ITC claimed as per books of accounts is justifiable in various ways by the taxpayer like Gate entry – when the goods is received it is entered in factory gate entry book. Quality check – once goods is received quality department checks the quality of the goods. Store department – once goods passes the quality check it comes to stores department for getting unloaded and then Goods Receipt Note (GRN) is made in books. Accounts department – once all the previous process is completed, the invoice comes to accounts department for verification of the GRN with reference to the invoice and then proceeds with the process of releasing payment to supplier. The taxpayer also maintains stock register, purchase register, payment reports, vendor (supplier) ledger etc. and on a periodic basis vendor ledger confirmation is sought by the accounts department and vendor also confirms the ledger balance. All these justify the genuineness of the purchases/inward supply and thereby justify its ITC. The taxpayer can at ease prove his ITC claim on the basis of the said internal process.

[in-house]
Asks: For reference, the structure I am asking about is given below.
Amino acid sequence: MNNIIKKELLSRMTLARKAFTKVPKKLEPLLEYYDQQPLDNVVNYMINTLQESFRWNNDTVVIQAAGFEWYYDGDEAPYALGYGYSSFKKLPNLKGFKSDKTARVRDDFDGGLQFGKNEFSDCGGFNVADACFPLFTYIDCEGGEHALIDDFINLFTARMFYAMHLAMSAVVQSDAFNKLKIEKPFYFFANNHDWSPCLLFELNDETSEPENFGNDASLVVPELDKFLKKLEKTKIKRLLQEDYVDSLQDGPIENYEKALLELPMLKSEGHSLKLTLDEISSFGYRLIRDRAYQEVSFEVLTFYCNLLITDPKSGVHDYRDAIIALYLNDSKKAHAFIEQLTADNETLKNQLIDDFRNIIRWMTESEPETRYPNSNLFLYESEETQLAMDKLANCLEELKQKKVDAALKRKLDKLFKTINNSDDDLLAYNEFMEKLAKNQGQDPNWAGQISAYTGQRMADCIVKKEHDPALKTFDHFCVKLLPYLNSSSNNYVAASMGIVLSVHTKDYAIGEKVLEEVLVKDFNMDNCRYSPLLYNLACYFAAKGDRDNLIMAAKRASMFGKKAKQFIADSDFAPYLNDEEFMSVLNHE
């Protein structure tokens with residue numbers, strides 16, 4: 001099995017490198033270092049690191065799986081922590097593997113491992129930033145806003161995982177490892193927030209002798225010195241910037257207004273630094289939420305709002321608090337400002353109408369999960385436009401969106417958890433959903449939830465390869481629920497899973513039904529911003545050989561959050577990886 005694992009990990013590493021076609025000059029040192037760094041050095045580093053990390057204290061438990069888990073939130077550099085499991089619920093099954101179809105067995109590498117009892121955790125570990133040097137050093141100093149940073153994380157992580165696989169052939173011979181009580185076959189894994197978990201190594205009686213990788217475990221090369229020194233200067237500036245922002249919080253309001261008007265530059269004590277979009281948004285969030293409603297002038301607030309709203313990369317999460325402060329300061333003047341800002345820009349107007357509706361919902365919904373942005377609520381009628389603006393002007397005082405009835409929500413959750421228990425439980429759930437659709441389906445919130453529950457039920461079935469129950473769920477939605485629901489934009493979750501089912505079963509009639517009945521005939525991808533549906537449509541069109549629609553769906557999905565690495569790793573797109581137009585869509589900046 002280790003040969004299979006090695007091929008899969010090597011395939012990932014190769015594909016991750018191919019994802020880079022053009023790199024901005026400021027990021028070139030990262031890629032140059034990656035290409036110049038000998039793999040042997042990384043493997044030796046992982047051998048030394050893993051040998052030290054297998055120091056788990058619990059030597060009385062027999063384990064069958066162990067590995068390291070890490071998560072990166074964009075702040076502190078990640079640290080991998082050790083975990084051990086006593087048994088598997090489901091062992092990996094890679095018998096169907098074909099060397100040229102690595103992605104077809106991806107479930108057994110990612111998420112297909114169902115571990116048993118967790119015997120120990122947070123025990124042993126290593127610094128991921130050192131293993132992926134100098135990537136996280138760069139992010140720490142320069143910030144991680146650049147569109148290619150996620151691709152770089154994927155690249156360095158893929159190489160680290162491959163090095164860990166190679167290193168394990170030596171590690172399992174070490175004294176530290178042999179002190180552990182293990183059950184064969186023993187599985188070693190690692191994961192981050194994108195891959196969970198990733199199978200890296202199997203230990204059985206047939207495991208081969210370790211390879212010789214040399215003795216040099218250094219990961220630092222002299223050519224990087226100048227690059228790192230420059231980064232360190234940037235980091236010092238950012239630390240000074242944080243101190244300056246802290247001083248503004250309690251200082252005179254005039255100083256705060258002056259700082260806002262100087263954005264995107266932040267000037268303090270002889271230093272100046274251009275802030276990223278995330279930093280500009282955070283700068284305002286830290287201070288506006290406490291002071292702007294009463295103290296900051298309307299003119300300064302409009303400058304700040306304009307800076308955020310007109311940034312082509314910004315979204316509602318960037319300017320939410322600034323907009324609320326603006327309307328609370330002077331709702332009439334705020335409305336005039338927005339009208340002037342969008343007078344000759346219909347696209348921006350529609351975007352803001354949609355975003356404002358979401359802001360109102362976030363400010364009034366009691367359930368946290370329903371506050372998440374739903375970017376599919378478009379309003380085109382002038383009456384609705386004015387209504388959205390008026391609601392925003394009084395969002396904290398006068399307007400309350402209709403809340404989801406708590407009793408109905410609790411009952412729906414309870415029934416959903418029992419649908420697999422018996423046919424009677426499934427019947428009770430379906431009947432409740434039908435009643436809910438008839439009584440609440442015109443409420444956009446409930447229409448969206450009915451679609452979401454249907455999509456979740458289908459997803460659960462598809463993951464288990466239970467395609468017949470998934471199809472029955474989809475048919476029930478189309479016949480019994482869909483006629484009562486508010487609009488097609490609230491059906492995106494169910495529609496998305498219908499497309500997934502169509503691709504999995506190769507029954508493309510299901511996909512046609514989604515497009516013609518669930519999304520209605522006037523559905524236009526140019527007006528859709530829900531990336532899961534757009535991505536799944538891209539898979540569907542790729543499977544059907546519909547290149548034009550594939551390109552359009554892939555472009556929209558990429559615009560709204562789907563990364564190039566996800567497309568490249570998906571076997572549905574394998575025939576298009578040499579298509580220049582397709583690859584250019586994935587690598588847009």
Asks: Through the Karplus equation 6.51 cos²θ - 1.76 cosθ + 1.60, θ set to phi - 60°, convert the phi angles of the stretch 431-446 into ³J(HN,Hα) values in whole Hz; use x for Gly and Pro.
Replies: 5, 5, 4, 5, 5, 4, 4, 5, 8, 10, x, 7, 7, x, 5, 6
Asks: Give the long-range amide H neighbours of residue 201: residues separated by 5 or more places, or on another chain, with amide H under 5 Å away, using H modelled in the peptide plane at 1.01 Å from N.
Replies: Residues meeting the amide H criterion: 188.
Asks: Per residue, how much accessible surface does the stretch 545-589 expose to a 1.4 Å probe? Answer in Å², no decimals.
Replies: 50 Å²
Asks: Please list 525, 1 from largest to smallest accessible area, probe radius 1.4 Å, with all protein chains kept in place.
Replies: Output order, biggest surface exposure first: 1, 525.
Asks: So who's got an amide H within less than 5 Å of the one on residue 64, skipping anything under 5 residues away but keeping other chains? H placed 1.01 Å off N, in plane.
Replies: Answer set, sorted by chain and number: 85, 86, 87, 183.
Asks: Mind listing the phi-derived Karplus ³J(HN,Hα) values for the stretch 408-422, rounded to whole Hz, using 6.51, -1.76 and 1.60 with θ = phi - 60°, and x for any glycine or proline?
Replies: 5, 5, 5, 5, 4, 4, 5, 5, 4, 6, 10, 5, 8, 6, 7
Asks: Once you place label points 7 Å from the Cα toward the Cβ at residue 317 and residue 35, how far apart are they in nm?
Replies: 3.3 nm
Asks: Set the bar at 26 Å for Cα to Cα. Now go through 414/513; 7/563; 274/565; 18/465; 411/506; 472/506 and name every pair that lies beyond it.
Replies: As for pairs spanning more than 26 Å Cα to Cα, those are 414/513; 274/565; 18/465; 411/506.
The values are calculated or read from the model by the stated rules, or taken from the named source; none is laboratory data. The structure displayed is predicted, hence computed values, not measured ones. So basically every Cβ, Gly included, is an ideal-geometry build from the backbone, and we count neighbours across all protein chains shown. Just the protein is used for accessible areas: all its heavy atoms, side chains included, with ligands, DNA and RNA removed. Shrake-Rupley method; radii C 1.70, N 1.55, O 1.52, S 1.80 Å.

So, in my view, the possible way for a taxpayer is to claim ITC as per his books of account as I stated in above para, but at the same time the taxpayer should do reconciliation of ITC with GSTR 2A on a monthly basis so as to comply with law. The Govt. is hereby requested to please withdraw Rule 36(4) and 2B and continue with only 2A and that to for reconciliation purpose only.